Identifying available and qualified resources for project work is certainly not a technology problem but technology can help. I have built a resource availability search tool. The search engine takes inputs such as skills, languages (spoken), location, and any other combination of enterprise resource custom fields (lookup table values only) and returns a list of resources who fit the bill. A date range can also be provided to narrow the search further.
Underneath, the code expects name value pairs of field guids and the guids of the values of the lookup table you want to match. For example, one might have an enterprise resource custom field called "language" with PROP_UID ='2558a2d1-a3a5-43c1-aae9-57f806ec6058' with values:
- English LT_STRUCT_UID = '4e3ab663-a54b-475e-b04b-0df00d9fd504'
- Mandarin LT_STRUCT_UID = '04ca2ccb-ede9-4118-b2a2-820b7e829ab2'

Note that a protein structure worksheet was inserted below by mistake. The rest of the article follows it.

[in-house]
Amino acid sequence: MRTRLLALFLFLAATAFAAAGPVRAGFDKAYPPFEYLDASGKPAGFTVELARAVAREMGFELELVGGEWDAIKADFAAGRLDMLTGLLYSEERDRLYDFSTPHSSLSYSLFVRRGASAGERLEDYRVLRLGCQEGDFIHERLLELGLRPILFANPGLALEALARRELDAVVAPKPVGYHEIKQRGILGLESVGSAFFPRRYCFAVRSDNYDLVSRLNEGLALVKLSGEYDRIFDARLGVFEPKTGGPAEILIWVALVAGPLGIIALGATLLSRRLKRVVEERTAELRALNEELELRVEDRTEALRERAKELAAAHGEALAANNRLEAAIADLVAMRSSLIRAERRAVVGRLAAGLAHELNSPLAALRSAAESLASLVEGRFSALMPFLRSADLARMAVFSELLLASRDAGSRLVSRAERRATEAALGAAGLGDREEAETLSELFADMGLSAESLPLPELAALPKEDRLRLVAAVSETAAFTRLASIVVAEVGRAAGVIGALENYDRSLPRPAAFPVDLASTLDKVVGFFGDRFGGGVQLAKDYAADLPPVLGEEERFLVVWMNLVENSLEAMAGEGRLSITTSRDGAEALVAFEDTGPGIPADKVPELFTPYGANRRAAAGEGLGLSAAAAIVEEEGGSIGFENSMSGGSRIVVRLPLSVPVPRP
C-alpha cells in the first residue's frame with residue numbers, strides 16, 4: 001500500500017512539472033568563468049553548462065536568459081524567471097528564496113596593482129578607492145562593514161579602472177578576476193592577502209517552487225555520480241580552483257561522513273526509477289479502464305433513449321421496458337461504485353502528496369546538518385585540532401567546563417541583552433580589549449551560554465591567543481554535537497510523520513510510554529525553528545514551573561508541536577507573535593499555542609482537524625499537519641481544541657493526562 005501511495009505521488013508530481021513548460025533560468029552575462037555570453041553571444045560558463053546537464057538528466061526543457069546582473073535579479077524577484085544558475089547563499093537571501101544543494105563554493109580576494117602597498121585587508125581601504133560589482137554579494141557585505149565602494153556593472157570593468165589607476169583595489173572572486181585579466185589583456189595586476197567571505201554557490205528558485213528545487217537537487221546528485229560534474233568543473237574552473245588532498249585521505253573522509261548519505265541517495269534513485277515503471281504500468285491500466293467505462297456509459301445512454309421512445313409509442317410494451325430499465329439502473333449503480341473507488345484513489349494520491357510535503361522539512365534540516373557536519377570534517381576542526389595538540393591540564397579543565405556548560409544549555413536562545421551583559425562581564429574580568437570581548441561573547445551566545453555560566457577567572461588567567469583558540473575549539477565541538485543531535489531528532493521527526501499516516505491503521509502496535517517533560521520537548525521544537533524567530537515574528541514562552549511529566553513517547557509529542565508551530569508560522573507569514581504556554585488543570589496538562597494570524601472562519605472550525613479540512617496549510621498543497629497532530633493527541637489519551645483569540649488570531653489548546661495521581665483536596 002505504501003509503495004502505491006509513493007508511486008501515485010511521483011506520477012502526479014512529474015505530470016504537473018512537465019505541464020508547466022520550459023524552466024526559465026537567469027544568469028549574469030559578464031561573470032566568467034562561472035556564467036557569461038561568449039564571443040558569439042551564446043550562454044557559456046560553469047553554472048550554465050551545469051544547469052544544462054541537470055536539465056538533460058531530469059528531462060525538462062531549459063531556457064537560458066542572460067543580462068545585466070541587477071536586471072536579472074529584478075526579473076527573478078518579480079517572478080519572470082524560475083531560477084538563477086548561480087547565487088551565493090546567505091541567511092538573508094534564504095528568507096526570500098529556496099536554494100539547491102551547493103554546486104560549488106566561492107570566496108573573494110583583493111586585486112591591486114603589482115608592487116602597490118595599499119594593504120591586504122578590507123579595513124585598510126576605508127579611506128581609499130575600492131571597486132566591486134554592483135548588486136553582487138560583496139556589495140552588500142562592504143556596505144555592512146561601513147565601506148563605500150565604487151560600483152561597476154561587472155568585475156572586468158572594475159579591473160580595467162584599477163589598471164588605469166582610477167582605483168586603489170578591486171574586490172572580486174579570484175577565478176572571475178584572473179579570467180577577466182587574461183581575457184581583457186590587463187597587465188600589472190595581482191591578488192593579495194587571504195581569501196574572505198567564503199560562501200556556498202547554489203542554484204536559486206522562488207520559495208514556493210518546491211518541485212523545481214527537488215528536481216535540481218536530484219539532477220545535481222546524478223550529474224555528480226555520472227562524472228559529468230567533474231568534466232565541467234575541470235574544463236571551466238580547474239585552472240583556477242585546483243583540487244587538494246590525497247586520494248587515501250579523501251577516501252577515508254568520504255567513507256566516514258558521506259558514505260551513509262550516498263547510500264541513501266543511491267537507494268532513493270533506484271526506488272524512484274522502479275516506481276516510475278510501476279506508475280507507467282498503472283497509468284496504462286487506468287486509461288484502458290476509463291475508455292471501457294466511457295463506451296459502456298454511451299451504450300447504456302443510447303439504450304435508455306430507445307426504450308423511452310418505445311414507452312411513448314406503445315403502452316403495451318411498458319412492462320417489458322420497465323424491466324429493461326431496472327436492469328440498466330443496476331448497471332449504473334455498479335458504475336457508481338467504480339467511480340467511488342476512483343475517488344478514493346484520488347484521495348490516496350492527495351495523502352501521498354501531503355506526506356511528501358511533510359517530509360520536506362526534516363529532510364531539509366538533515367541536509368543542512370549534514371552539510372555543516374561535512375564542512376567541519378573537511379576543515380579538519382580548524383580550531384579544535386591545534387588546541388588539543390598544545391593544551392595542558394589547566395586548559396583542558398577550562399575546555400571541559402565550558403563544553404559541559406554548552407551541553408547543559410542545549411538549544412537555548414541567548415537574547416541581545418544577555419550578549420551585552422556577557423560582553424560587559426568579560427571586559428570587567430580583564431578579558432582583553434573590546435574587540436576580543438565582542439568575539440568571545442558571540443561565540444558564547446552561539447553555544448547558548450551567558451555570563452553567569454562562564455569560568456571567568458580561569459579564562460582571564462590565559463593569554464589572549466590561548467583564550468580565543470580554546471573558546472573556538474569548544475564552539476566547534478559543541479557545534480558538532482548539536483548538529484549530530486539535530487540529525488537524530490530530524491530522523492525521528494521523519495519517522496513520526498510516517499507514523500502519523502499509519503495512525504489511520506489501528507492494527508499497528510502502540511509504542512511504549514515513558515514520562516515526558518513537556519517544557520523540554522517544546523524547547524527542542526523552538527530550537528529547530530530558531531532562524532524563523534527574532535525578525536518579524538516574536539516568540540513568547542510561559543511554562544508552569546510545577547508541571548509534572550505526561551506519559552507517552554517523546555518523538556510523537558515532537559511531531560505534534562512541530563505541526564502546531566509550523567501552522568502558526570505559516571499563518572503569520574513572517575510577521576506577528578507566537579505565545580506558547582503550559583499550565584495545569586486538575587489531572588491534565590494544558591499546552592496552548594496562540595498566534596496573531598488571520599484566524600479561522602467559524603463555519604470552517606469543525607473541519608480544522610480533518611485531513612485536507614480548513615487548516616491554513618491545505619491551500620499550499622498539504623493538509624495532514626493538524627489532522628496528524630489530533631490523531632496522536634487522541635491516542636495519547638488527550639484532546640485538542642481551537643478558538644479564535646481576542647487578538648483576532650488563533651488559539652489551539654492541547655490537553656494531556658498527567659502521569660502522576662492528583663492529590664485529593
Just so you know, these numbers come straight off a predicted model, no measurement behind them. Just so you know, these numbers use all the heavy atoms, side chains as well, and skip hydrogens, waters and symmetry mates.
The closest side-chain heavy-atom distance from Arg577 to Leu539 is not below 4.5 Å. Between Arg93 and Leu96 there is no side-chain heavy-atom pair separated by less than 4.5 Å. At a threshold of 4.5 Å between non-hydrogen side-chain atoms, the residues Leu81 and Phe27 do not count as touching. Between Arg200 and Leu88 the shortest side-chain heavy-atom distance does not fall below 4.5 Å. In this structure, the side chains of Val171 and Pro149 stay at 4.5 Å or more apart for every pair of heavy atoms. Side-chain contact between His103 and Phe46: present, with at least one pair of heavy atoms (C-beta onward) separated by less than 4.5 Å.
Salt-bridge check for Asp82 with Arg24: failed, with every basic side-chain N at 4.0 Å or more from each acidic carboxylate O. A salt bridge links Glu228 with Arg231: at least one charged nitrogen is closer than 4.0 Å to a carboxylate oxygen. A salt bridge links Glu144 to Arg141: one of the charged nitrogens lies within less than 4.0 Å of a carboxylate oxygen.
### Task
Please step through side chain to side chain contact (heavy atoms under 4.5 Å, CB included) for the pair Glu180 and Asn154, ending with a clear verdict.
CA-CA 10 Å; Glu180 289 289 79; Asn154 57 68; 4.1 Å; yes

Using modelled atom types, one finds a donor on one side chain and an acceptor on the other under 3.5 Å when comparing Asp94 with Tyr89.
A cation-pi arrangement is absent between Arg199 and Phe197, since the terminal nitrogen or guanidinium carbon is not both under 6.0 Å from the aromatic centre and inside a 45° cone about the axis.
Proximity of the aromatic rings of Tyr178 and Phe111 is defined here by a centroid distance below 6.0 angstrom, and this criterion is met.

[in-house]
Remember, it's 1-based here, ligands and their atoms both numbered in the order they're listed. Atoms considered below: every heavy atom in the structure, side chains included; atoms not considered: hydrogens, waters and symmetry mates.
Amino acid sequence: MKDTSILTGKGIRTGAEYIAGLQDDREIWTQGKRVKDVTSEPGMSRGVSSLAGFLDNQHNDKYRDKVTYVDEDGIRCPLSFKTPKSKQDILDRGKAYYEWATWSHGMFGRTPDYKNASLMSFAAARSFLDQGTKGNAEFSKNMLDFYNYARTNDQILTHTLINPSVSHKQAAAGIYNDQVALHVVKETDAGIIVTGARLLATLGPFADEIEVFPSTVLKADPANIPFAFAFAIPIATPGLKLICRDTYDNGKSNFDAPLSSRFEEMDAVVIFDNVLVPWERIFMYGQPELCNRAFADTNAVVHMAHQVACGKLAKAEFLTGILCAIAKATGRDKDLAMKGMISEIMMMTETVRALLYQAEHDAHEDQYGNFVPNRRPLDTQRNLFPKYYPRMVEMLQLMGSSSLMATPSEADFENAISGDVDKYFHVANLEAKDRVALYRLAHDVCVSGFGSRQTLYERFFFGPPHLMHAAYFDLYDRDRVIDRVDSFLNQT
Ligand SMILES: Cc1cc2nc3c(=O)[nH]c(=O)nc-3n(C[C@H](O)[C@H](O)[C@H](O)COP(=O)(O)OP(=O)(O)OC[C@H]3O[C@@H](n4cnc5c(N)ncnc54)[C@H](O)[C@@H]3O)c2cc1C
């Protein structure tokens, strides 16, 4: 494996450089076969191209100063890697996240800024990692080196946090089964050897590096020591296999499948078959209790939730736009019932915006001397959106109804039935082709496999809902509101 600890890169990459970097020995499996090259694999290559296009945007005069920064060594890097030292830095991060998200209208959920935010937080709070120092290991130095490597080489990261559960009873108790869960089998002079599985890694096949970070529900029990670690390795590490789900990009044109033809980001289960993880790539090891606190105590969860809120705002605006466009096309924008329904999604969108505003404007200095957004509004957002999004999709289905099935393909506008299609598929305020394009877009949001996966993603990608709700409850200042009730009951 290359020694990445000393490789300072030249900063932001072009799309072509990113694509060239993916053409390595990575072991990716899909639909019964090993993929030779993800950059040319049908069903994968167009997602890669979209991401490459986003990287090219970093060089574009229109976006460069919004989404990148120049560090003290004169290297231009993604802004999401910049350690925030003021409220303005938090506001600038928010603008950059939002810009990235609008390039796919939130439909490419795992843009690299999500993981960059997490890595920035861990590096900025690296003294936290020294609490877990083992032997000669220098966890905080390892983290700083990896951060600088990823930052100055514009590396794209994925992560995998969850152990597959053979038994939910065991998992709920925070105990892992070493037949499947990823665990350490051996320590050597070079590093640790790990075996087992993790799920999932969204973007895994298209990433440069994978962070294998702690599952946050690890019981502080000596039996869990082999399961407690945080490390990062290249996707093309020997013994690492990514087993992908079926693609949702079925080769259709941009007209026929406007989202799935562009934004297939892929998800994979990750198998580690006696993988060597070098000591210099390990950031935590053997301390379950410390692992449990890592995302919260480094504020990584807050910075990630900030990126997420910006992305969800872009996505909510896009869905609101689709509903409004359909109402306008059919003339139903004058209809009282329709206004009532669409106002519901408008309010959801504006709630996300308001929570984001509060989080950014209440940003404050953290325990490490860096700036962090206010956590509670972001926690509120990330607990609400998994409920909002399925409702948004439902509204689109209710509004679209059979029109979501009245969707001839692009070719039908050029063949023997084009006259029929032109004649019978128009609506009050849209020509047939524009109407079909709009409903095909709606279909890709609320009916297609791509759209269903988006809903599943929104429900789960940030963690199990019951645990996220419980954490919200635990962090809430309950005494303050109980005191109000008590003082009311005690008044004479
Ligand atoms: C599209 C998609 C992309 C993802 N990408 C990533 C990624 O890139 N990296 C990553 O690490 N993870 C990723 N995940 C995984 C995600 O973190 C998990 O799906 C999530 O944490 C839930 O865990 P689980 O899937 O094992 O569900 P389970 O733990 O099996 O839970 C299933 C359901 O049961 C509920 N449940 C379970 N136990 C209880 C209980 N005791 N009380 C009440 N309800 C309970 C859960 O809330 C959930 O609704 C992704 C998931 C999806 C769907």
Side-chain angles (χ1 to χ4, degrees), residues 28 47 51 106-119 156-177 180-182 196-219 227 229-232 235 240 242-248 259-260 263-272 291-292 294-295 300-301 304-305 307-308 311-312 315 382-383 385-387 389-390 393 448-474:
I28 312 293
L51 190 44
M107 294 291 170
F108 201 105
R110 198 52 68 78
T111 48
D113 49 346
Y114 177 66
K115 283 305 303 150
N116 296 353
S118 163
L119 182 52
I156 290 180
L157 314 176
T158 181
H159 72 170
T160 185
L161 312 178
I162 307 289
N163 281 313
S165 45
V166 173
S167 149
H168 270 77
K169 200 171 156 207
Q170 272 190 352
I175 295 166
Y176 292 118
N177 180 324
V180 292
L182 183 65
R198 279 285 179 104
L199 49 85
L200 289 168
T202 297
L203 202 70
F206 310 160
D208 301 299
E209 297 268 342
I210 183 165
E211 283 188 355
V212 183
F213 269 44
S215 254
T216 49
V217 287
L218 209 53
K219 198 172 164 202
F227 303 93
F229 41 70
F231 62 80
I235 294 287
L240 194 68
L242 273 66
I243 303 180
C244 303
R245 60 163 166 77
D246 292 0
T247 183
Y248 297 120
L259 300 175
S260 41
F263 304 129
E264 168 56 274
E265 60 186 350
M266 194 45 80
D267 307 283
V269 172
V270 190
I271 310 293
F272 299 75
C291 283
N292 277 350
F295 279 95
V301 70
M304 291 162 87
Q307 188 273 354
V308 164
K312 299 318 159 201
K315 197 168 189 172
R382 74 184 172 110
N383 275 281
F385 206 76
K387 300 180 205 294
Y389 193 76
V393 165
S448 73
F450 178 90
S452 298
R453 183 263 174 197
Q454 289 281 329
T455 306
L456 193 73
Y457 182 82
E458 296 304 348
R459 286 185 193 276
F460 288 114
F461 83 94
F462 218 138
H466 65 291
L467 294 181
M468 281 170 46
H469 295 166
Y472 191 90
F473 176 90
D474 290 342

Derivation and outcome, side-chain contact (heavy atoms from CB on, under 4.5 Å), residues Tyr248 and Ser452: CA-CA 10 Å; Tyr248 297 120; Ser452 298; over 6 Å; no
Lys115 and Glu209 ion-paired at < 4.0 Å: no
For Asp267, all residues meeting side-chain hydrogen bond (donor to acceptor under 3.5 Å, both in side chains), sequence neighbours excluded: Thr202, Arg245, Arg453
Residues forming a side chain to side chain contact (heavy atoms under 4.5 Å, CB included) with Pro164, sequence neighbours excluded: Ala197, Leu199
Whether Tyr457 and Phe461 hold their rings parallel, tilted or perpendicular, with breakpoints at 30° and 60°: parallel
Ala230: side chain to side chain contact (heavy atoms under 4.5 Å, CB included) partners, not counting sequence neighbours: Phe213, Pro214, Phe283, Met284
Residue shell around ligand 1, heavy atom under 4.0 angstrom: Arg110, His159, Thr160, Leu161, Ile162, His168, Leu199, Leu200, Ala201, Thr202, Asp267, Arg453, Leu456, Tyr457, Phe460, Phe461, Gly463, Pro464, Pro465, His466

- Dutch LT_STRUCT_UID = 'e544e03a-2382-4654-88f6-a865cedb5110
The search tool's backend is implemented as two web services:
- RegisterResourceAvailabilityRequest - Takes an instance the Availability class and loads it up in some SQL tables. I chose to save the query parameters (or resource availability request) because I wanted to track which queries are frequently requested. In later versions, I hope to offer those queries pre-packaged in the user interface.
2. GetAvailableResources - Takes the request ID just generated from the previous call to RegisterAvailabilityRequest and processes it. The return dataset contains the Resource names and guids of the resources who matched the availability request. If request.IncludeAll is set to true, all resources who matched the criteria are selected.
The Project team agonizes over extenisbility features every release. I know, I used to work there. They have done a masterful job this time out! I remember in the days of Proj 98, I was so stoked to be able to save out a project to a SQL database. I am having fun with the PSI